We have obtained a model describing all the system calls and a manual outlining:

  • the structure and the properties of the system abstractions
  • and for eachpossible action its prerequisites as well as the modifications carried out by this action.

The data structures mainly represent the memory and the threads. These structures are not described in the API, but they appear through the specification of the system calls. In the model, they correspond to the definition of constants and variables.

On the other hand, each action is guarded by a predicate on those variables defining the conditions on which the corresponding system call can be called. This guard depends also on the system call parameters.

Animation and test

To validate the model against the running code (and vice versa), we have used the Brama animator framework in order to test the code using the model as an oracle. A test case consists of a kernel pre-state and a system call with specific parameters. The corresponding test application first makes some system calls to position the kernel in the pre-state, then it executes the system call, and finally the kernel post-state is dumped into a file. Using the animator, one can also set the model in a given state, execute some events and dump the model state into a file.

B4L4 - Schéma

We have developed an interface that allows to convert a kernel state into a model state, associating the model variables with the implementation data. We have also converted a system call into a sequence of event executions. This allows to put the kernel and the model in an equivalent state starting from a unique description, to execute the system call and to compare the two resulting states in order to validate the conformance of the code to the model.

Conclusion

To conclude, we consider that the development of this model allows us to obtain more confidence in the correctness of the API, to describe its behavior from a different point of view and to establish a deeper understanding on how it works. The test framework allows to validate the model against an implementation; the relation between the model and the implementation is not proven (as it could be in a complete formal development with code generation) but the test allows to ensure more confidence. For software where efficiency is such a crucial requirement that it rules out code generation, this kind of test framework can be a realistic solution to construct a validation at two levels: at specification level, when constructing the model, and at implementation level when testing it.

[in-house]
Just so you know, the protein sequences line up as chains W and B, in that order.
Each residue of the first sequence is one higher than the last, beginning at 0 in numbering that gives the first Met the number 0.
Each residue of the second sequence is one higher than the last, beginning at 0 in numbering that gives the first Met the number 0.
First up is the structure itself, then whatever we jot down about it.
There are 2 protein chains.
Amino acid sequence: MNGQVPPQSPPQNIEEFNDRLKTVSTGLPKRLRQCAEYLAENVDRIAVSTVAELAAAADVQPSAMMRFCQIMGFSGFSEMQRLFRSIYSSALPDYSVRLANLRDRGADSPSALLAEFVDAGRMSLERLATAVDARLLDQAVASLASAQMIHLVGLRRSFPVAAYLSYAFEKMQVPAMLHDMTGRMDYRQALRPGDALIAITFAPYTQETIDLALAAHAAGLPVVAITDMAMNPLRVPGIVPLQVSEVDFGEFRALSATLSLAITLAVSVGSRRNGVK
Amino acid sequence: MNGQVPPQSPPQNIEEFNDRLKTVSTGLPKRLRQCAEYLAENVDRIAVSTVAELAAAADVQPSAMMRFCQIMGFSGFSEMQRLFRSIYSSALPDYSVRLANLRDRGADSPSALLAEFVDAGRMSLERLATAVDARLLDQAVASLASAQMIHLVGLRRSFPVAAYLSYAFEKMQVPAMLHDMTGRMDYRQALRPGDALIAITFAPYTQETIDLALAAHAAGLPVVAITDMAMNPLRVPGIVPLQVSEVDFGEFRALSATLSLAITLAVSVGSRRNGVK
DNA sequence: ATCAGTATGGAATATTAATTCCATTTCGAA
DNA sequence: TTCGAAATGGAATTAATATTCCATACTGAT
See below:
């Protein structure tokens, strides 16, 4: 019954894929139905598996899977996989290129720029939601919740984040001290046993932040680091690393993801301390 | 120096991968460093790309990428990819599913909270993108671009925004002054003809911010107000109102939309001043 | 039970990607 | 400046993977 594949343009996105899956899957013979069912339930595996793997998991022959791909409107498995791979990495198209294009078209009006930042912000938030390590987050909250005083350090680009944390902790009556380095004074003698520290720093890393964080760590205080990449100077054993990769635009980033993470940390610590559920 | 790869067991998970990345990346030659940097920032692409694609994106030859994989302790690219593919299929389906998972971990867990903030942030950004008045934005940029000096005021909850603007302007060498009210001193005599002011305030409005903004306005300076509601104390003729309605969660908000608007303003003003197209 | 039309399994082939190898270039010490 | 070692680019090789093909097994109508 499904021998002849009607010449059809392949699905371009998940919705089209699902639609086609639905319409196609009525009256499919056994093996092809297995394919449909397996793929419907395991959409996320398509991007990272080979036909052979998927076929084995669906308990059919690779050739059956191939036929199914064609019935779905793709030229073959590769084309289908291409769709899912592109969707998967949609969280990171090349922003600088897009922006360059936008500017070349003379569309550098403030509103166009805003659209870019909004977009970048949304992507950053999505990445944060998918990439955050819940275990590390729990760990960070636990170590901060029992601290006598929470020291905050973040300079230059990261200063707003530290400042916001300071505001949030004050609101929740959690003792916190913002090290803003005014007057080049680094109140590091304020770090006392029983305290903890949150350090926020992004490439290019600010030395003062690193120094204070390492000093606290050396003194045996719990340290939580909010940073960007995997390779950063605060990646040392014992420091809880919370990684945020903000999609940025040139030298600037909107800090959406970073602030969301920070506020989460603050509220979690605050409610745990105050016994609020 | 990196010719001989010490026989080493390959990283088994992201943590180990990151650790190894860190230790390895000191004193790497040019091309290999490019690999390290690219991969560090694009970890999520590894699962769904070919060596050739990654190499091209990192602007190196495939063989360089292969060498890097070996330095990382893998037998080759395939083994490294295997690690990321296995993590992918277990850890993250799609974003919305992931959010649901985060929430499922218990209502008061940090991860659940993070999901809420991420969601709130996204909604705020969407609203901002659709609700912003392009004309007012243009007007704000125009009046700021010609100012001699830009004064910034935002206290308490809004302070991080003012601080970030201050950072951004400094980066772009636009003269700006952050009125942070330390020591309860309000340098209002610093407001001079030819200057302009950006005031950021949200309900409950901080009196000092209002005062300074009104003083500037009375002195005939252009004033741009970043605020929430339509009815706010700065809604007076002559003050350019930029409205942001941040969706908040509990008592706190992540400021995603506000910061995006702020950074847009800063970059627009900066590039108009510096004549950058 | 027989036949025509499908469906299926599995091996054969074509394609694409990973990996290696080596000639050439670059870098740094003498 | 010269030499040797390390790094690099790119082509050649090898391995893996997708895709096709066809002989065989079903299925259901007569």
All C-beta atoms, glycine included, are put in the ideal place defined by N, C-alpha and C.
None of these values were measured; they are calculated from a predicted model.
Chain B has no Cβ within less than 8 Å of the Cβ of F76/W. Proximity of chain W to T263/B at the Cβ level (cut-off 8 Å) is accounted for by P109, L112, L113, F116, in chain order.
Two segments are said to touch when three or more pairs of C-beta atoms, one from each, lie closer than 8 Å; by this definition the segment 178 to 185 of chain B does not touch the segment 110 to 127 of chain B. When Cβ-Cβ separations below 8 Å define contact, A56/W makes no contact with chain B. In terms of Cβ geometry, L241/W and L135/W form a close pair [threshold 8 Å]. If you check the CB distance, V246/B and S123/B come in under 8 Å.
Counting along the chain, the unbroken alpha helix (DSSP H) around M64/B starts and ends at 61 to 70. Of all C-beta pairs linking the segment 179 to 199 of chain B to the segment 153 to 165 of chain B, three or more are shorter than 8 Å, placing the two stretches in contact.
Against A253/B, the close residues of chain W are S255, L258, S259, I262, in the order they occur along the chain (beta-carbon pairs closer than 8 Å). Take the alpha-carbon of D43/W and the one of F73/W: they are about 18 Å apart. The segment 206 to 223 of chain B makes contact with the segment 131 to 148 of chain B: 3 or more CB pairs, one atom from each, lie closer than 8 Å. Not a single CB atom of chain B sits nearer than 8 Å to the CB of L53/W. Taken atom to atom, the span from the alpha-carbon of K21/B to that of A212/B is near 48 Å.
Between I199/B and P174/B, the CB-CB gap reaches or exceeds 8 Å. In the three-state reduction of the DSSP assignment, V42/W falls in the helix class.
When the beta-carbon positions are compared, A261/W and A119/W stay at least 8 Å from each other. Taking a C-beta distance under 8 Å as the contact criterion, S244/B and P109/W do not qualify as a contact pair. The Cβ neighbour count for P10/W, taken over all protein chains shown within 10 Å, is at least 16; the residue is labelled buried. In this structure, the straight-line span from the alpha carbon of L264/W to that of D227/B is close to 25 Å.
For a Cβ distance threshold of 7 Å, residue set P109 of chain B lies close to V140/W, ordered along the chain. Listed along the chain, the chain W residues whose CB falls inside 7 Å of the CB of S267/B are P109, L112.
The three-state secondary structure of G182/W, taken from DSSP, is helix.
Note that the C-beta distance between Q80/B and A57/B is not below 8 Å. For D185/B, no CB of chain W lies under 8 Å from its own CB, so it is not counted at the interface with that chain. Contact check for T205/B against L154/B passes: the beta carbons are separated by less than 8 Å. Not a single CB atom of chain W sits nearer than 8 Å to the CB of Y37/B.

Documents, Liens et Financement

References

  • J. Liedtke. L4 reference manual (486, Pentium, PPro). Arbeitspapiere der GMD No.1021, GMD — German National Research Center for Information Technology, Sankt Augustin, September 1996. Also Research Report RC 20549, IBM T. J. Watson Research Center, Yorktown Heights, NY, September 1996.
  • U. Dannowski, J. LeVasseur, E. Skoglund, and V. Uhlig. L4 experimental kernel reference manual, version x.2. Technical report, 2004.
  • M. Hohmuth, H. Tews, and S. G. Stephens. Applying source-code verification to a microkernel — the VFiasco project. Technical Report TUD–FI02–03–März 2002, Dresden University of Technology, 2002. Available from URL: http://os.inf.tu-dresden.de/vfiasco/.
  • H. Tuch and G. Klein. Verifying the L4 Virtual Memory Subsystem. Proc. NICTA Formal Methods Workshop on Operating Systems Verification, Technical Report 04011005T-1, National ICT Australia, 2004.
  • http://ertos.nicta.com.au/research/l4.verified/